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Cheap custom-made versions of high-cost drugs spur backlash

The Wall Street Journal. logo The Wall Street Journal. 9/10/2018

A new kind of drugmaker is emerging to meet demand for lower-priced medicines by custom-making drugs, sparking pushback from federal health regulators and legal challenges from traditional pharmaceutical companies.

These companies are marketing cheaper versions of brand-name drugs but they differ from traditional generic-drug makers because they operate much like pharmacies that mix their own medicines, though often in larger quantities. That allows them to skip the regulatory approval process through which traditional drugmakers must prove safety and efficacy of their medicines.

Companies selling custom-made versions of costly drugs—a practice known as “compounding”—say they are meeting demand for alternatives to high-priced drugs.

Athenex Inc. in Buffalo, N.Y., last month began marketing a compounded alternative to blood-pressure medication Vasostrict, which the company said it sells for up to 35% less than the branded version. A typical dose of Vasostrict can list for as much as $836, according to wholesale-acquisition cost data from Elsevier’s Gold Standard Drug Database.

The U.S. Food and Drug Administration is taking steps that could stymie compounders’ push. Laws don’t allow compounders to merely copy medicines. Drugs may only be compounded under limited circumstances: to address a drug shortage or meet medical need, by modifying the custom-made version—such as adjusting ingredients to address an allergy. In January the agency said high prices aren’t a valid reason.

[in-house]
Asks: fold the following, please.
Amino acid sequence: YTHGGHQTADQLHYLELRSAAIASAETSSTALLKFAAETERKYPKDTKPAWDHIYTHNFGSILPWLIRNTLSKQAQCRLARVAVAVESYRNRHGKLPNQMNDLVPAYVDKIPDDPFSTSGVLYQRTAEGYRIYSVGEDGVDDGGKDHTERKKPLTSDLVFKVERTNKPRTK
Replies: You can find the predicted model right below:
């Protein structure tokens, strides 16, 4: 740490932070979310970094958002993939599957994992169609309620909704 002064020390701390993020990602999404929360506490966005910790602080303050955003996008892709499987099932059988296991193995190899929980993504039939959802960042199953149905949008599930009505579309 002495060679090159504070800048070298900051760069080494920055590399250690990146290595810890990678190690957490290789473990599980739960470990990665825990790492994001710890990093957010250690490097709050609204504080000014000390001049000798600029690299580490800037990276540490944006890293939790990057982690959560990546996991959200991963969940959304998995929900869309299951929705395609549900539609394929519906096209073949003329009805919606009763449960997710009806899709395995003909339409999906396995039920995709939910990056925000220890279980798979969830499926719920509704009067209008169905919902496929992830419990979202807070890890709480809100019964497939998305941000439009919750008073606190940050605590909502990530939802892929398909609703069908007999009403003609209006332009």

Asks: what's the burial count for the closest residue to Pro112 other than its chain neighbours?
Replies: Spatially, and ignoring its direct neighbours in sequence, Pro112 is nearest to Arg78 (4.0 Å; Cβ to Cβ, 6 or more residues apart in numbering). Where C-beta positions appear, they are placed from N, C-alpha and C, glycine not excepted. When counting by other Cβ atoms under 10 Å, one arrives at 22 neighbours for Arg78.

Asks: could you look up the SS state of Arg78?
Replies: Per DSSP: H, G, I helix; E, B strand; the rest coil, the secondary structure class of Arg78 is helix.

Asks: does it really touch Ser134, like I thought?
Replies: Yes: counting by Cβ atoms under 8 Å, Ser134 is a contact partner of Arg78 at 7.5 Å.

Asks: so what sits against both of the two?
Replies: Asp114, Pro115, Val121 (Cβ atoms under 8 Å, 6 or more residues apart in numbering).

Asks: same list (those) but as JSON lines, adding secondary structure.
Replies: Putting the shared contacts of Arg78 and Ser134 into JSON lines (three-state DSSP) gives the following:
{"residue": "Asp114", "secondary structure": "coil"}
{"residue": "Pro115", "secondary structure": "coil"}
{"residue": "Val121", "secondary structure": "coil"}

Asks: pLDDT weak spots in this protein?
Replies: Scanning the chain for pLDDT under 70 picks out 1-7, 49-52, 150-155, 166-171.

Then last month, the FDA proposed taking some drug ingredients off a list that can be used for bulk compounding. The agency sees no clinical need for compounders to manufacture the drugs from ingredients, FDA Commissioner Scott Gottlieb said in a statement announcing the proposal.

Meanwhile, pharmaceutical companies have filed lawsuits that seek to stop rivals from compounding drugs at large volumes.

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The conflicts underscore a central challenge as policy makers, industry and the FDA itself seek to ease regulation and bolster competition to lower drug prices—balancing access to less-expensive drugs against safety concerns and legal protections for innovative medicines.

“If people start taking compounded drugs because of cost, instead of a generic or new drug, that would undermine the premarket approval system,” Julie Dohm, the FDA senior science adviser for compounding, said. “Those studies and that testing are so critical to knowing that the drug will be safe and effective.”

Drug compounding is a longtime practice, typically done by individual pharmacies to satisfy the specific needs of a patient, such as an allergy to an ingredient in the mass-produced medicine.

Over the years, some compounders grew to produce large quantities of certain drugs to sell to hospitals and clinics. Federal scrutiny intensified after pain drugs mixed by New England Compounding Center in Framingham, Mass., led to an outbreak of fungal meningitis in 2012 that killed at least 64 people. In response, Congress required large-volume outsourcing compounders, known as “outsourcing facilities,” to follow certain manufacturing, quality and labeling standards, though the rules stopped short of requiring FDA approval of compounded drugs.